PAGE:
Good evening. My name is Sally O’Brien and I am a Philadelphia resident. Since 2015, I have been proud to teach at Kensington Health Sciences Academy, a public neighborhood high school. I believe the proposed High School for Health Sciences Leadership (HS2L) will undermine the vital work already happening in neighborhood high schools with healthcare CTE programs.
Philadelphia School Partnership told our principal, Ms Eren, that KHSA could “learn” from HS2L’s “model.” After reading their application, I am left asking, “how?” Their “Educational Philosophy” section states “Unlike most high schools, pedagogy and norms of collegiality will reflect an open practice model.” This is misleading. At KHSA, we have implemented instructional rounds since 2016; collegiality and open practice have long been the norm. The section on HS2L’s “school climate and culture” also describes plans for an advisory period focused on community-building, leadership, and wellness— much like the advisory program we have worked so hard to build at KHSA over the past several years.
We have built this collegial culture and this strong advisory program while under the same constraints as other District neighborhood schools. We accept EVERY student, no matter their circumstances, no matter the time of year. We are subject to the disruptive leveling process each fall, when staffing is adjusted to align with actual (rather than projected) enrollment. One year, a biology teacher was “leveled out,” meaning some of our 10th graders could not take a science class that year. Another year, our actual enrollment far exceeded district predictions, resulting in class sizes approaching 50. We got four new teachers after leveling, but it took months to actually fill all those positions. Neither of these scenarios would happen at a charter school, because charters are not subject to leveling, and are able to cap their enrollment. What could we possibly learn from the “model” of a school that does not have to play by the same rules?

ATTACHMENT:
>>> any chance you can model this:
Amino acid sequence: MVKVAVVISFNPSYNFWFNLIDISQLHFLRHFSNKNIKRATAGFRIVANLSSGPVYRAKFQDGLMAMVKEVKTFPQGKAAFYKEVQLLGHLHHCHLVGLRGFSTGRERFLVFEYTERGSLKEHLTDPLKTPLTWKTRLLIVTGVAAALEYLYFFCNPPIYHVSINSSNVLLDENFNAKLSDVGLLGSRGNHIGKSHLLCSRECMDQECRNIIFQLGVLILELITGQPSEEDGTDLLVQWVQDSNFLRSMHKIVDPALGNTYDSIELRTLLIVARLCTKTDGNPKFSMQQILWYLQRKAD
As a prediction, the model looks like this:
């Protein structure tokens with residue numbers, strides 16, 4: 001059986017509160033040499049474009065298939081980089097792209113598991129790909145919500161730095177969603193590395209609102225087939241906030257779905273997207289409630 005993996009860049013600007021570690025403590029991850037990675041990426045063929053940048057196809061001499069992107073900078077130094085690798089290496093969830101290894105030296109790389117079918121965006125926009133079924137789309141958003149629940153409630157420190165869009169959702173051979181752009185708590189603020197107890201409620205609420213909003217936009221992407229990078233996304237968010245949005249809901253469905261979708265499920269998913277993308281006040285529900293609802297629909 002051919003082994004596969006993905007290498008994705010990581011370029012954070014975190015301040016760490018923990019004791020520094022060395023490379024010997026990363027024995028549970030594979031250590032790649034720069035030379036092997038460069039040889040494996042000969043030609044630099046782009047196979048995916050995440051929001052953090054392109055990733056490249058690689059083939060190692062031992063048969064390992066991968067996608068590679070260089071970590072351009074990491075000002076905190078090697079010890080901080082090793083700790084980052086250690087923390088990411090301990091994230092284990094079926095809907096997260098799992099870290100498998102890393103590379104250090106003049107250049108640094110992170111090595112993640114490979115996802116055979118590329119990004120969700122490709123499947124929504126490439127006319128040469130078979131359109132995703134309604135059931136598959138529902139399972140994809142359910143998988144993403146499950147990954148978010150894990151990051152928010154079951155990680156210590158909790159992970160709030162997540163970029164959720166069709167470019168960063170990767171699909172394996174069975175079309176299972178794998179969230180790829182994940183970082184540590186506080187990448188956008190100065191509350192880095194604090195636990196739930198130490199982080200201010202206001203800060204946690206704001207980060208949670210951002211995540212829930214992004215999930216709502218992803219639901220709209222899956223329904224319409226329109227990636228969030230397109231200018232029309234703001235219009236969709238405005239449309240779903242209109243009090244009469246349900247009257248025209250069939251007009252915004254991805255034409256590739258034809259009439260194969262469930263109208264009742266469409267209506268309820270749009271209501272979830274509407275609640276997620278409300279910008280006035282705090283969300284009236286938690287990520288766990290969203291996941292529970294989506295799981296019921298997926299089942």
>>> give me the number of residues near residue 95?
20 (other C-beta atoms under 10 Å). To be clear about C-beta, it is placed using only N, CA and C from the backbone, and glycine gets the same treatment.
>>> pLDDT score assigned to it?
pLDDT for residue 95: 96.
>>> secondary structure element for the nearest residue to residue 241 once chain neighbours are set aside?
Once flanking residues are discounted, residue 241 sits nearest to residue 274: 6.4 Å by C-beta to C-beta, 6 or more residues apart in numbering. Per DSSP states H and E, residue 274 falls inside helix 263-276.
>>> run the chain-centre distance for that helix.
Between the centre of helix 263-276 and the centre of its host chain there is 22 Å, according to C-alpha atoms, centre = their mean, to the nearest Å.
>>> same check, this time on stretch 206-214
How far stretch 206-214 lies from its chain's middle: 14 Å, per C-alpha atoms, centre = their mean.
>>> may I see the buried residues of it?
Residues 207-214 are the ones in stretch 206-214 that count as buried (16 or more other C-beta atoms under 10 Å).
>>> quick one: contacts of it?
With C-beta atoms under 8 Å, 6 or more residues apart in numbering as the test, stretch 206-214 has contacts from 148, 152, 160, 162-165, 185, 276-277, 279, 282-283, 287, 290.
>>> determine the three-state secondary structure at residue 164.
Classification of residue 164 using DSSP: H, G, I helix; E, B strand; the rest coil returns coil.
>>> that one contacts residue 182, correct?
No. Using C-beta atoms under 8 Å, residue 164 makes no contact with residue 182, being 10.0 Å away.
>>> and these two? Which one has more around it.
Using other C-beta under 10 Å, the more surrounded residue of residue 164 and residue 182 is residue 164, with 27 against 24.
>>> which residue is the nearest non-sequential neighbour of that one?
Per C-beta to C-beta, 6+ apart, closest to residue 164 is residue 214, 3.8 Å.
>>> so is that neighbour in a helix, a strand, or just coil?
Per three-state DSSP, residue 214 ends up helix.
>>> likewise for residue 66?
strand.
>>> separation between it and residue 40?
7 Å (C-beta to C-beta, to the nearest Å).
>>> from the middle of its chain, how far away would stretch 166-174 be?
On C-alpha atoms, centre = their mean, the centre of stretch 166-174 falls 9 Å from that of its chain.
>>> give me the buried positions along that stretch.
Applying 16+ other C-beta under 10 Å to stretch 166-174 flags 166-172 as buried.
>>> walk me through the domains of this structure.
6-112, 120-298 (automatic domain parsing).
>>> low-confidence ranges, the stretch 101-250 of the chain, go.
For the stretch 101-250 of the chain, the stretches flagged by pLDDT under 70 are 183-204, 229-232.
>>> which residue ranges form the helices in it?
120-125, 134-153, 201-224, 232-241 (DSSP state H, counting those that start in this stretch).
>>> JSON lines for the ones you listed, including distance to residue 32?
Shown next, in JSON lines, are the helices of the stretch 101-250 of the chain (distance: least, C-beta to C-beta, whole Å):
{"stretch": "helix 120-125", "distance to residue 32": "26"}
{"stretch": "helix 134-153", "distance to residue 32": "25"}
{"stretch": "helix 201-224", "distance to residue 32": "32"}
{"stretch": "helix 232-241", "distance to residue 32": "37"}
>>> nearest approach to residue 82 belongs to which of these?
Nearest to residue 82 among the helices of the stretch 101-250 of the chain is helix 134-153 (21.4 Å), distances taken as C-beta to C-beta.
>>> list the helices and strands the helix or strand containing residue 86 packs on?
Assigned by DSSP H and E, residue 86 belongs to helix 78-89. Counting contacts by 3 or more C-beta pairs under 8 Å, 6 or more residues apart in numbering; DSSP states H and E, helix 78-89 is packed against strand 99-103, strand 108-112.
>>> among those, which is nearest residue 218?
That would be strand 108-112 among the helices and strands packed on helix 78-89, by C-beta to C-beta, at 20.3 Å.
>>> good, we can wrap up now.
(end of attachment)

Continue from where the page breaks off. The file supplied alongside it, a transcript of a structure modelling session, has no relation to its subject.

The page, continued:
HS2L will also have access to significant outside funding; by Year 3, it expects to receive approximately a million dollars from private donors. Perhaps this is how the school can afford 3 full-time staff to coordinate “career experiences” for students. Having a team of 3 staff members to focus on this work gives HS2L a huge advantage. Internships for high schoolers in the health field are logistically quite complex to arrange, and relationships with partner institutions take significant work to build and maintain. The likely outcome is that students from KHSA and other neighborhood schools will lose out on opportunities.
The playing field here is not level. For all students to have access to a “great school close to where they live,” we must ensure our neighborhood high schools are robust educational options, not just schools of last resort. We don’t need another charter “model” to “learn from”; we need the resources to provide an excellent education for ALL our students. Invest in neighborhood high schools.